tbabfrankHis dedication to natural science was so deeply engrained in his being that it was always hard to separate the career from the character.
Dr Frank Wygold’s living became his life. Nature defined him, and he in turn defined nature.
The unique, eccentric and renowned environmentalist, died of natural causes last week at the age of 81.
Wygold’s commitment to the environment in general and the Friends of the Paarden Eiland Wetlands in particular will be sorely missed.
His friend and fellow Cape Bird Club Conservation committee member, Dr Dave Whitelaw, talks about Wygold with fondness – ultimately fuelled by respect.
“He was a remarkable man. His tireless commitment and dedication to conservation education will be remembered by all who knew him,” says Whitelaw.
He sums up the importance of Wygold’s contribution to the Paarden Eiland Wetlands, also known as Zoar Vlei, by saying that every cause requires a champion.
Wygold unreservedly took on the mantle of “champion”.
Whitelaw says that his friend and colleague committed his entire life and life savings to this unselfish cause.
“This man deserves so much more praise for his work, especially in his unique approach to conservation education,” Whitelaw says.
Over the years scores of children have been exposed to the perfection of nature by means of Wygold’s microscopes and projectors.
His invaluable work in conservation has since been honoured with several awards, and ward councillor Bernadette le Roux has coined him as an “encyclopedia”.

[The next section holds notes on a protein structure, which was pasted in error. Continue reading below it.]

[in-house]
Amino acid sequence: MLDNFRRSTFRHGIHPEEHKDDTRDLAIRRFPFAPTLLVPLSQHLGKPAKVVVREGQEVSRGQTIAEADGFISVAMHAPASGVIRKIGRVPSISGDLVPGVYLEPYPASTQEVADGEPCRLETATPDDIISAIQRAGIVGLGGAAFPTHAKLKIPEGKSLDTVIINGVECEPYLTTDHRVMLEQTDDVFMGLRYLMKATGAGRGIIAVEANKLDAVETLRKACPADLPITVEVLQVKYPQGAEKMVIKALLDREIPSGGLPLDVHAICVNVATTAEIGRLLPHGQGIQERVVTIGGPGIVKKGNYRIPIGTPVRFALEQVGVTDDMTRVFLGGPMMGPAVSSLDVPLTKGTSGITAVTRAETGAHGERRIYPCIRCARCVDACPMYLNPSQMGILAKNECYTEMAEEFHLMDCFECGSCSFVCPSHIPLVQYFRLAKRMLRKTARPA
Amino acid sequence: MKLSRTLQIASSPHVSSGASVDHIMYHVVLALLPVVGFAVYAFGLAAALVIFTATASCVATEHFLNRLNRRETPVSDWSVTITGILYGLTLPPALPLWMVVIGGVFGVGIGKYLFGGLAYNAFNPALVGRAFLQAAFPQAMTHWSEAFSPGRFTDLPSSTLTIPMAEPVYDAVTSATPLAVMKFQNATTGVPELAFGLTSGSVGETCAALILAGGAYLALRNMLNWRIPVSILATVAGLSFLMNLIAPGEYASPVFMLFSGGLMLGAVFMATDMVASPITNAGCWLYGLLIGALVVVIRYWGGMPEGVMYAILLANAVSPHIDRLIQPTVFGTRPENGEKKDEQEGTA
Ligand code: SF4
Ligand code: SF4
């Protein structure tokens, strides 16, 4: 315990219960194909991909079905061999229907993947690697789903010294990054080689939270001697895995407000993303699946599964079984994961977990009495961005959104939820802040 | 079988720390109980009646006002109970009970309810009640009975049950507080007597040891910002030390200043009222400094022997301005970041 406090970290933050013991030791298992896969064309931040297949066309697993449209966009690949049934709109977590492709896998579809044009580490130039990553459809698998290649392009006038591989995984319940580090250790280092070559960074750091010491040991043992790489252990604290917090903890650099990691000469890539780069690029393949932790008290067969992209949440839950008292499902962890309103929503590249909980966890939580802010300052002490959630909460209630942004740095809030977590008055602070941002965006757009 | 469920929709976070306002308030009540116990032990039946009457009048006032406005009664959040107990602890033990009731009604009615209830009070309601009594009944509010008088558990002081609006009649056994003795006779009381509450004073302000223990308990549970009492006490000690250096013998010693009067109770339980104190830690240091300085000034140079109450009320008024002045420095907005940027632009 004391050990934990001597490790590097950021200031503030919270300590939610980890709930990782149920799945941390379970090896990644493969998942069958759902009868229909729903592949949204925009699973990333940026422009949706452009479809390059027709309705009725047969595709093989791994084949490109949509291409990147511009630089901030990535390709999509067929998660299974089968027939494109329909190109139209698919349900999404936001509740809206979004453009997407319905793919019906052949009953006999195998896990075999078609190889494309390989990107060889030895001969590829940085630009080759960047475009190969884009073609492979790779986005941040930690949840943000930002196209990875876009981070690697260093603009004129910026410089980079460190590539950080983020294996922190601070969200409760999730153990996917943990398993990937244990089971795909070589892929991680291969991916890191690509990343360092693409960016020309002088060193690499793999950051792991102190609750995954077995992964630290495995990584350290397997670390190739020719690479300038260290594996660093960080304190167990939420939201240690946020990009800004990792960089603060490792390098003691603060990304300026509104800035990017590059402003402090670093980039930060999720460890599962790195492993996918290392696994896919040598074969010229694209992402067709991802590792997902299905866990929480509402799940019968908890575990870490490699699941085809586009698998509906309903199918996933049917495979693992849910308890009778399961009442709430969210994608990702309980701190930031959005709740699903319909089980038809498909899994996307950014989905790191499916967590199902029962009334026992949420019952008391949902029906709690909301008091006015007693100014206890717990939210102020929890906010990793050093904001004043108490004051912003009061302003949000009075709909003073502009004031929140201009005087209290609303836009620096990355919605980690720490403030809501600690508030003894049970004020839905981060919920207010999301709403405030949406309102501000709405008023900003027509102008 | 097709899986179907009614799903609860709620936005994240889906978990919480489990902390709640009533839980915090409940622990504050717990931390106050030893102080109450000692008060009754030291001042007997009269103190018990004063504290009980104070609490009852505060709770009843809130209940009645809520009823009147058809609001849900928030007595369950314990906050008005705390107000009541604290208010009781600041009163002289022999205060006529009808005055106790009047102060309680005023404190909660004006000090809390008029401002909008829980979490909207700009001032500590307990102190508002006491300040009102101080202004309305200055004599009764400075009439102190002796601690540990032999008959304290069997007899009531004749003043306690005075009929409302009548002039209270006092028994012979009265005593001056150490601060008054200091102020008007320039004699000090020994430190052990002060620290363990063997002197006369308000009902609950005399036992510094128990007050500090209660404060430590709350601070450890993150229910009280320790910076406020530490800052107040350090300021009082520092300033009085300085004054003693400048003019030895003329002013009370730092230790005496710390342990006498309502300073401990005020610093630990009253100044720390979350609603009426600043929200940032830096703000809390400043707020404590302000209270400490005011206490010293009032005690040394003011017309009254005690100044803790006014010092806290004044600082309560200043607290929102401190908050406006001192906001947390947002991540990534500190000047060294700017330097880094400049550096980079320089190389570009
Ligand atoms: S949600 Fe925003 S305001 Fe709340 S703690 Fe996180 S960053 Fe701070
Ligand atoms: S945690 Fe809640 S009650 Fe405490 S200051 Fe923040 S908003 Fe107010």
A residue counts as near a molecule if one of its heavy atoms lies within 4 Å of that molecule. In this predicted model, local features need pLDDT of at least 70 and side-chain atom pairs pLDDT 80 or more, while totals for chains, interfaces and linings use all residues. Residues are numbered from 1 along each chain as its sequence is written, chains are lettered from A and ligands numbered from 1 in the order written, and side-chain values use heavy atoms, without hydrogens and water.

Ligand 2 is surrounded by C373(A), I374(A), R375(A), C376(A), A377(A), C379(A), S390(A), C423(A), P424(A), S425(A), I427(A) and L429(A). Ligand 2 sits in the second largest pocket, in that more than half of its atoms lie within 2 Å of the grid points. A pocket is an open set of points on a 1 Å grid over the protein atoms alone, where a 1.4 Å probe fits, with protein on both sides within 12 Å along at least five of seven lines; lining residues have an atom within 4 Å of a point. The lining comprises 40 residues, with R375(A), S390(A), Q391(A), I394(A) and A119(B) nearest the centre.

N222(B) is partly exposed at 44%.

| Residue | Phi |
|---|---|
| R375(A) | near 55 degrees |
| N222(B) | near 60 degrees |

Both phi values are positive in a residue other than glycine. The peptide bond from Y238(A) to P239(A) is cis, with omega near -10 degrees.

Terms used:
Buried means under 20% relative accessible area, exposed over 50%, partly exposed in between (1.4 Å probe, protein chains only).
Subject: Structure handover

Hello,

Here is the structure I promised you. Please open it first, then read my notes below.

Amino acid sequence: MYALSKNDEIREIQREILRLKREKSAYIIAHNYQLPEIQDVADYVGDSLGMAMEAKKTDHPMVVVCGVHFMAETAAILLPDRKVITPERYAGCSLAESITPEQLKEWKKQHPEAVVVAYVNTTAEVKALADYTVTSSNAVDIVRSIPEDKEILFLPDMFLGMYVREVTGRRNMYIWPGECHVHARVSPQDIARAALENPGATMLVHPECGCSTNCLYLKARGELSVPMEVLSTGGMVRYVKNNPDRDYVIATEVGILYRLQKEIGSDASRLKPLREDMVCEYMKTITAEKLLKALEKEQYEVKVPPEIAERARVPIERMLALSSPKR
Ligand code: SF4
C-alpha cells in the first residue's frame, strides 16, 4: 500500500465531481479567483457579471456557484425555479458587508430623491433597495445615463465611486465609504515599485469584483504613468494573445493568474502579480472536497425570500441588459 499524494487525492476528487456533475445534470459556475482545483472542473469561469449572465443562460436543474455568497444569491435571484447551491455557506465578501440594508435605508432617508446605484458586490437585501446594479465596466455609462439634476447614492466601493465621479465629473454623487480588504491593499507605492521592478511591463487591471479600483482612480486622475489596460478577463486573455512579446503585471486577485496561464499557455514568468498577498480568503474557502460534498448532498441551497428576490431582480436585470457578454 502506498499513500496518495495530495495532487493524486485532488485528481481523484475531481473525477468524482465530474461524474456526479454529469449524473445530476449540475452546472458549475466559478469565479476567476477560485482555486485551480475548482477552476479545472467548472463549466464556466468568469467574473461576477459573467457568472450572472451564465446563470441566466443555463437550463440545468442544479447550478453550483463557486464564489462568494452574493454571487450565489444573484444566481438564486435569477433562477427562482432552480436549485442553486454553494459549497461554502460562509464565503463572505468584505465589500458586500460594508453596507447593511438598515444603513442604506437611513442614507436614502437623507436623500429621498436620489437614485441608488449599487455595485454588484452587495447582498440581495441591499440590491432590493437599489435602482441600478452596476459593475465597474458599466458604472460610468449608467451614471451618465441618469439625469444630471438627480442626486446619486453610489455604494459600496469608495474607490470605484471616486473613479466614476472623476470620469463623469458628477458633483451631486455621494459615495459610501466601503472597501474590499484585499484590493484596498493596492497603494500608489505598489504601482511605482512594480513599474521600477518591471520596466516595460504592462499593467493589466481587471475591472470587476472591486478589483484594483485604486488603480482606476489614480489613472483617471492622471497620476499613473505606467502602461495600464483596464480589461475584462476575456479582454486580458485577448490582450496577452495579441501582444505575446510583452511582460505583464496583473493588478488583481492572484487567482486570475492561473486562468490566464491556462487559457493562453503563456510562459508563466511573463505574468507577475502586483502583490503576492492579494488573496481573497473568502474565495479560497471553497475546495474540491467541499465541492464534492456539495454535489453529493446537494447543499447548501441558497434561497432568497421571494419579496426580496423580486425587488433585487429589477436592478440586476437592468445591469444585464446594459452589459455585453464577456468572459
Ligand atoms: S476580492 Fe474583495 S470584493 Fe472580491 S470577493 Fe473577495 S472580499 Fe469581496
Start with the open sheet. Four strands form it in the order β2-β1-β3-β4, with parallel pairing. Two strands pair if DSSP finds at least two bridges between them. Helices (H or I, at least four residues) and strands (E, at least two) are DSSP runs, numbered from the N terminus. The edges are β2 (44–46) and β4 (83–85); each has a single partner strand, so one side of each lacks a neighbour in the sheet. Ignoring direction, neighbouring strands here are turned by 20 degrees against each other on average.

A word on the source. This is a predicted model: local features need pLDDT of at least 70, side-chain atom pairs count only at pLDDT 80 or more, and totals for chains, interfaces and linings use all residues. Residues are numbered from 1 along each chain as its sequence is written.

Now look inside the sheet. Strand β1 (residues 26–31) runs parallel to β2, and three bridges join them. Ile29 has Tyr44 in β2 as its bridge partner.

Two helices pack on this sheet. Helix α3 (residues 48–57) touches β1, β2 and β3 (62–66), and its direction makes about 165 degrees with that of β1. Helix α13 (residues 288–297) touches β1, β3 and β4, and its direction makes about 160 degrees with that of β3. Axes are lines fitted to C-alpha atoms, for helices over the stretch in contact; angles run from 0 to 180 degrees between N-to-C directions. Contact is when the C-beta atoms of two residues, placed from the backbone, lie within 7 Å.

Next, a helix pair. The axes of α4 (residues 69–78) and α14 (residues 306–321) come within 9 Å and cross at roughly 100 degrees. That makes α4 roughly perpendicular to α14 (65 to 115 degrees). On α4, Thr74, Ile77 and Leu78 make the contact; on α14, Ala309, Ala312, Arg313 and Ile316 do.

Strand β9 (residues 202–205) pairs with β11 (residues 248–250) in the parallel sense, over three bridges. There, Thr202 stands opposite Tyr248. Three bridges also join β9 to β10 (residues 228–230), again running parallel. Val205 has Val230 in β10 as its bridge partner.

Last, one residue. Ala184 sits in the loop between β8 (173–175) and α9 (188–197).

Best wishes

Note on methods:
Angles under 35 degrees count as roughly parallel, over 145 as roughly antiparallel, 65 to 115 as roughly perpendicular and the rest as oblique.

Despite all the recognition, Whitelaw reveals that his friend was in essence a lonely person who ultimately “found himself in the vlei”.
For many people, however, the person behind the passion stays an enigma.
Hazel Petrig, the secretary of the Friends of the Paarden Eiland Wetlands, and personal friend of Wygold lifts the shroud ever so slightly when she describes Wygold as “versatile, knowledgeable, helpful, thoughtful, concerned, and essentially a happy man”.
He was even a keen baker, she says.
“He loved experimenting and brought many of his culinary ‘flops’ for us to savour over tea! Frank used to regale us with fond memories of his childhood, saying that he and his siblings had resolved that hot cross buns, mince pies and pancakes should be eaten all year round, and not just at Easter, Christmas and on Shrove Tuesday!”
Petrig highlights the ever-present connection between life and the environment when she concludes: “It is always sad when people with so much knowledge and interest come full circle… It is a reminder of the transience of all human life and contains in it a warning for the next generation: if we don’t appreciate and conserve what we have at our disposal, we will lose it.”
***DISCLAIMER: THIS ARTICLE AND PHOTO WERE PUBLISHED IN TYGERBURGER, A CAPE TOWN BASED MEDIA24 COMMUNITY NEWSPAPER. NEITHER MAY BE DUPLICATED WITHOUT ACCREDITING THE SOURCE – TYGERBURGER, MEDIA24.***
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